Whether it’s preserving objects, exhibiting art, or managing arts organisations, a community’s arts and cultural sector is vital for its sense of identity. At the University of Melbourne, you’ll learn from expert academics in their fields, benefit from connections to cultural institutions and organisations worldwide, and gain the skills to conserve, keep or curate cultural collections for future generations.

A comprehensive, contemporary program focusing on the changing role of art museums and organisations in collecting, interpreting and exhibiting art.

Duration 2 years full-time
Mode Temporarily online
Closing date (DOM | INT) 30 November 2021

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A theoretical and practical program which provides a firm skill base for those wishing to pursue management in the arts and cultural sector.

Duration 2 years full-time
Mode Temporarily online
Closing date (DOM | INT) 30 November 2021

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A laboratory-based interdisciplinary program working with senior heritage professionals, for those wanting to work in traditional and contemporary cultural conservation.

Duration 2 years full-time
Mode Temporarily partially blended (some practical components delivered on campus according to University COVID-19 guidelines)
Closing date (DOM | INT) 30 November 2021

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Why study at the University of Melbourne?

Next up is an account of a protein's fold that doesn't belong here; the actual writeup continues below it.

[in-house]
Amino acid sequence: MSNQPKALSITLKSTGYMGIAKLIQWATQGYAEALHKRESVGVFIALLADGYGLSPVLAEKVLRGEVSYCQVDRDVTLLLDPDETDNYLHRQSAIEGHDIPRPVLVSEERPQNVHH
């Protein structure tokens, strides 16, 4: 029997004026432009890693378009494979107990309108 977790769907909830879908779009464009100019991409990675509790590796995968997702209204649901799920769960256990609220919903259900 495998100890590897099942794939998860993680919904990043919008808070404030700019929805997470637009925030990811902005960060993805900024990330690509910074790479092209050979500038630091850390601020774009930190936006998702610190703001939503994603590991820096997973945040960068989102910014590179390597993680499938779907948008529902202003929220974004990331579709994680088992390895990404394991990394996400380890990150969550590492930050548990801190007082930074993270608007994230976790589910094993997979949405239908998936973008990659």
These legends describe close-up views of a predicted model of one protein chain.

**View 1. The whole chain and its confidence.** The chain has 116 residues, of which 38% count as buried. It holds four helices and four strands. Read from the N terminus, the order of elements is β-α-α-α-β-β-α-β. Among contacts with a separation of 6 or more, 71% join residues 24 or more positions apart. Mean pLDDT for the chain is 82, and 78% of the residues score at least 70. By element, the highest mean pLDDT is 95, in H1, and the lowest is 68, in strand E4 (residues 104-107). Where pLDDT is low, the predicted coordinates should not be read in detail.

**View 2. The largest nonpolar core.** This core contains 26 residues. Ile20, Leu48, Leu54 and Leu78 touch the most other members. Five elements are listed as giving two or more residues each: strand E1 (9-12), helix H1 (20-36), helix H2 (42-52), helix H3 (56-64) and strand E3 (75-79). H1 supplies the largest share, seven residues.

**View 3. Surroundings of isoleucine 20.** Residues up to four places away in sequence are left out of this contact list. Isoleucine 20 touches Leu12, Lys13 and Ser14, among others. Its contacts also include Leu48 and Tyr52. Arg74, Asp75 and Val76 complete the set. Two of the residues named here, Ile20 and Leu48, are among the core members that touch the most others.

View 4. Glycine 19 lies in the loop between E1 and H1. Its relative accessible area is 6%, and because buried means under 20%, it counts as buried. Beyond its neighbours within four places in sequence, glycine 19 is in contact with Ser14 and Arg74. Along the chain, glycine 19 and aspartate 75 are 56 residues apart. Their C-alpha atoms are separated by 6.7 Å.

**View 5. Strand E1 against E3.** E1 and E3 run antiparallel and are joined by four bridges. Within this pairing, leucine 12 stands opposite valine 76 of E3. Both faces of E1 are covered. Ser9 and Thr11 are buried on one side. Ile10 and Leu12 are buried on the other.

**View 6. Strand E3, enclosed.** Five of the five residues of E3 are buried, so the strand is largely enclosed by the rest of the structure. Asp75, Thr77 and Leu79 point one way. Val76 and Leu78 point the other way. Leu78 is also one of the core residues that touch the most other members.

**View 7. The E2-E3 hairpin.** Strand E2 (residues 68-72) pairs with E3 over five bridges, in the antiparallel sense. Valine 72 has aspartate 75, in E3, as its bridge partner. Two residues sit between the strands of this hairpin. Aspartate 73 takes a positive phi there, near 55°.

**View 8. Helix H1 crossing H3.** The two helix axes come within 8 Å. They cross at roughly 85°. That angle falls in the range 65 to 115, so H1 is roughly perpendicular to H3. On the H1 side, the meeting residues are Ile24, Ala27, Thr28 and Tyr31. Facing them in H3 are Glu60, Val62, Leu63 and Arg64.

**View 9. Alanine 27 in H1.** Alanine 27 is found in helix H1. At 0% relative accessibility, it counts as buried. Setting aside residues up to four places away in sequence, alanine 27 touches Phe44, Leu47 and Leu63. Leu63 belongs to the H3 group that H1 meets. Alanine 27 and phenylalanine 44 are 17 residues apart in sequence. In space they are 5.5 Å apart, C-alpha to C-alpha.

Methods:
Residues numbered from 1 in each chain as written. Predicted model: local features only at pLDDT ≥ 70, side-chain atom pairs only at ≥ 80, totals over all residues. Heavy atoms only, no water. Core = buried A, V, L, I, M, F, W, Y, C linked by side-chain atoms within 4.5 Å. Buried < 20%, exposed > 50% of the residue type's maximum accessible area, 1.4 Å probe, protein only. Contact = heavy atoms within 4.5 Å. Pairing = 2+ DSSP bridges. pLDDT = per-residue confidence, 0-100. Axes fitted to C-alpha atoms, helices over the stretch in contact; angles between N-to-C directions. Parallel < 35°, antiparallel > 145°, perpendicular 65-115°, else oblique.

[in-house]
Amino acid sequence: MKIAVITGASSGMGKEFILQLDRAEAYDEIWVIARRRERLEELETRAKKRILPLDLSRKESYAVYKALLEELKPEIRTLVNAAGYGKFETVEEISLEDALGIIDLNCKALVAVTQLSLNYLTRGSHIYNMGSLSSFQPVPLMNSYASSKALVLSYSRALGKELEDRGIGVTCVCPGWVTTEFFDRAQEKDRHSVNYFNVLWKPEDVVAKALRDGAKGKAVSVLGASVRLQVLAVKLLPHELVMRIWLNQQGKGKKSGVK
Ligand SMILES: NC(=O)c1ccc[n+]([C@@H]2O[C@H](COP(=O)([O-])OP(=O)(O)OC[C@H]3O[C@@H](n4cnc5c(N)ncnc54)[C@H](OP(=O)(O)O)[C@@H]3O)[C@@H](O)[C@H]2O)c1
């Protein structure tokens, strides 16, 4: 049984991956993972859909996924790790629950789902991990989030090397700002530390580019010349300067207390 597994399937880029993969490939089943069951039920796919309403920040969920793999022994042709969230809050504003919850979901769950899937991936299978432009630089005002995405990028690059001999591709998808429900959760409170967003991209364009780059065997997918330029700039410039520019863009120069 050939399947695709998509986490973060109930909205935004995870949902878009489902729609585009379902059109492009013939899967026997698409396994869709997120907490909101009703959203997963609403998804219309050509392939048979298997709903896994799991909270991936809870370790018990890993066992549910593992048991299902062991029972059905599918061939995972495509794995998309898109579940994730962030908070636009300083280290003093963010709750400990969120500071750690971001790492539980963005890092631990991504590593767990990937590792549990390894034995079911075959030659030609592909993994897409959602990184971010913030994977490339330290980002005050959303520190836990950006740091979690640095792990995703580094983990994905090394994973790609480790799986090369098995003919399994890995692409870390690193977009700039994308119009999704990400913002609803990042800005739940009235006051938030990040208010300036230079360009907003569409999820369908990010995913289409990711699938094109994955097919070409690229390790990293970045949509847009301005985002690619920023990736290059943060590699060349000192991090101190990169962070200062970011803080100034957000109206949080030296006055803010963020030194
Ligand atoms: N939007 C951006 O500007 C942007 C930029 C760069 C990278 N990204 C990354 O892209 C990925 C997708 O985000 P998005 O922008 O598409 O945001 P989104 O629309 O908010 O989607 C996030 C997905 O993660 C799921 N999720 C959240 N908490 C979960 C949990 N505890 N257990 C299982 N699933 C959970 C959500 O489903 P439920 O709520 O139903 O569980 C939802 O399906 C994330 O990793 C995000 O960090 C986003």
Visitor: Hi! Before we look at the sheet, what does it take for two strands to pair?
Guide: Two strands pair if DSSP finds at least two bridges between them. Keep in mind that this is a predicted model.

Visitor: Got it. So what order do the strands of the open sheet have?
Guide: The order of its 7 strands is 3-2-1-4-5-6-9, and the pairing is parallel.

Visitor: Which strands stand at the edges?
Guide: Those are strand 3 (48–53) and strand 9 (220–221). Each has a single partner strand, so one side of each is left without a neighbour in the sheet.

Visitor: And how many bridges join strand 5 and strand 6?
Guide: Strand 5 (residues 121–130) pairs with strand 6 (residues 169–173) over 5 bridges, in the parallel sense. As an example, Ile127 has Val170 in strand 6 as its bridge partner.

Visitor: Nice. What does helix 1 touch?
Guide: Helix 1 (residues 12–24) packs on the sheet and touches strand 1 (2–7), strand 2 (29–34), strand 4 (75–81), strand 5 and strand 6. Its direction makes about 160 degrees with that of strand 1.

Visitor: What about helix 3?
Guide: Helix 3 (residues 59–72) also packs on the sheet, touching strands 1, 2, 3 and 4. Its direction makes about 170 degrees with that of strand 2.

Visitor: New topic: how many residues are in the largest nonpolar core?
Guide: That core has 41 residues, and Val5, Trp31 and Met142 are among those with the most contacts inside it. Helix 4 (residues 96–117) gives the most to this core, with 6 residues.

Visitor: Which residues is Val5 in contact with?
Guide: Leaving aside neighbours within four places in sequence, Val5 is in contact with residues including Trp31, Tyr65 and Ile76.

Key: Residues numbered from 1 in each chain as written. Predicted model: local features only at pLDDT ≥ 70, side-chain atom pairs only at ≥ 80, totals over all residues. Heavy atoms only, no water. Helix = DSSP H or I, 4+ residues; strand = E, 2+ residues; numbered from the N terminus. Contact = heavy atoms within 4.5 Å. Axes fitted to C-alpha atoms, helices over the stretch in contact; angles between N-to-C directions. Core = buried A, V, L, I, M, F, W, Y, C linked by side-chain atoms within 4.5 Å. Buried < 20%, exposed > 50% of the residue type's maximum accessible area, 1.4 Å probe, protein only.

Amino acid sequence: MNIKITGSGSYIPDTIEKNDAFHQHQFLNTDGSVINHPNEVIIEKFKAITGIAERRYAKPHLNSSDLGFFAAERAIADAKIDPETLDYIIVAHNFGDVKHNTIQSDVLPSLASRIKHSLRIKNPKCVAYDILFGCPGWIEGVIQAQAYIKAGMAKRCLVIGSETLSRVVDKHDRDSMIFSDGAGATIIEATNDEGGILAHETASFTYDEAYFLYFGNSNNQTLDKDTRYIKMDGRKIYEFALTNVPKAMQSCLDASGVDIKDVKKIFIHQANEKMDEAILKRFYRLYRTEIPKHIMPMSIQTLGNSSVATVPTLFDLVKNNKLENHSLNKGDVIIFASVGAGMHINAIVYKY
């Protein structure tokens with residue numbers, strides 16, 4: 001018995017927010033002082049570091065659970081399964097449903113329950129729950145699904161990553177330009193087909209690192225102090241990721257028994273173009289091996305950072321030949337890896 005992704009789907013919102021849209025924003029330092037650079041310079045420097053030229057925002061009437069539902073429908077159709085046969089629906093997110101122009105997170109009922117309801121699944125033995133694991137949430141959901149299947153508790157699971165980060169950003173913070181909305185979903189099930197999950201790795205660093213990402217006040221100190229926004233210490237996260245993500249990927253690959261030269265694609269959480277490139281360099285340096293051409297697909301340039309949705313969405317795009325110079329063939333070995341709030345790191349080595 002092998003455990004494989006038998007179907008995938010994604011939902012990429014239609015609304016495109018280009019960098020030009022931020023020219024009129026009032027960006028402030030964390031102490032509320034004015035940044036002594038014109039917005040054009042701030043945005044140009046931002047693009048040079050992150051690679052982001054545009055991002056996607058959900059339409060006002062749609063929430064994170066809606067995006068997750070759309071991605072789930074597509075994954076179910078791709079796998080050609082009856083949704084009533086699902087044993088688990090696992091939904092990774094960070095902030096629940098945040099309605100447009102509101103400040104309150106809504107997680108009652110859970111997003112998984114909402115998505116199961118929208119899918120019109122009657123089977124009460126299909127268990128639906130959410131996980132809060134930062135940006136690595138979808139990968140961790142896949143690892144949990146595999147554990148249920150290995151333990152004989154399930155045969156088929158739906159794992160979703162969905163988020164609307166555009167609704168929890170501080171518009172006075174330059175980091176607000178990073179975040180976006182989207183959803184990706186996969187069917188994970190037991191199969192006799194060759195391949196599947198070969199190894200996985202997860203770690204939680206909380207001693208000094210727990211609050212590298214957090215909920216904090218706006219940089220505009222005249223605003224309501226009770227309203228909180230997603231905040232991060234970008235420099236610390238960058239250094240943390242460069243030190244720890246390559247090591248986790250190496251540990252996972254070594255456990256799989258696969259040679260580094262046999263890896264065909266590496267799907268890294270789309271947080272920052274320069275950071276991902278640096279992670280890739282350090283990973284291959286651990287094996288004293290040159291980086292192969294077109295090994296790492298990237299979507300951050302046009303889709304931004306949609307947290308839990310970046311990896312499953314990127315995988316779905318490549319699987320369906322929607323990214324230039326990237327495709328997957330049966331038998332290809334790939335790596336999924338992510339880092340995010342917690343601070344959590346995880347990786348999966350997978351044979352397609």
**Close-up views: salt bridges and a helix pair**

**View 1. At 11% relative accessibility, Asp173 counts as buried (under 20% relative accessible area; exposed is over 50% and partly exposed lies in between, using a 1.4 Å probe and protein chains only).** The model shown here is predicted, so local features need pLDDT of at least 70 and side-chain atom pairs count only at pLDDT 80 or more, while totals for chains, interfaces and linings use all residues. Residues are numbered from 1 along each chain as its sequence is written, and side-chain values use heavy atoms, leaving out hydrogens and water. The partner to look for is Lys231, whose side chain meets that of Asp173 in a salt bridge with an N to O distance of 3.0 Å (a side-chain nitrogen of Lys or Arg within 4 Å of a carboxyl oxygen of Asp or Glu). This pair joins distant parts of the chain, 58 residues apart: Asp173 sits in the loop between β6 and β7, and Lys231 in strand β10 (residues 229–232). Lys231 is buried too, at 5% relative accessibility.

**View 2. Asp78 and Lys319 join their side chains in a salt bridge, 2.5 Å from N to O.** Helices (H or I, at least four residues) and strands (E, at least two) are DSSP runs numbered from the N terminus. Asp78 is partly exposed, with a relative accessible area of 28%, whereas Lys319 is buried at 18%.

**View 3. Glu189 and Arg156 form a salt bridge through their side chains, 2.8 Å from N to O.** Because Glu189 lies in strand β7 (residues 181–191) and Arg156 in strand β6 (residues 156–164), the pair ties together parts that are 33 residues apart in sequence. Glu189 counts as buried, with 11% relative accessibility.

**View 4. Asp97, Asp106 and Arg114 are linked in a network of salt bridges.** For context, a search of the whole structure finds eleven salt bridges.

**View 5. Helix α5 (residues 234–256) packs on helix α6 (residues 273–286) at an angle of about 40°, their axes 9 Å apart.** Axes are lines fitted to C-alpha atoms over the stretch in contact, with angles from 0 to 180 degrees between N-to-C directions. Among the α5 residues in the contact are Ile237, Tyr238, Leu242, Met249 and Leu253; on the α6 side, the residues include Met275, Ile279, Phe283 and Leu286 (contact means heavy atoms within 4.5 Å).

Our contemporary programs have strong links with industry and internship opportunities at institutions and organisations worldwide.

Our vocationally-oriented programs combine theory and practice, and are designed to develop skills essential to careers in the arts and cultural sectors

Australia's leading university for Arts and Humanities*

*No. 16 globally, QS World University Rankings by Subject 2020: Arts and Humanities

The program has expanded my horizon on cultural materials conservation, from theory on what we do and why we do it, to the practical experience on handling, observing, treating, and housing objects. [It] prepared me with cross-cultural skills that are crucial for conservators in the 21st century, and the knowledge that significant objects are not only located in formal institutions, but within communities.

Saiful Bakhri
Master of Cultural Materials Conservation graduate
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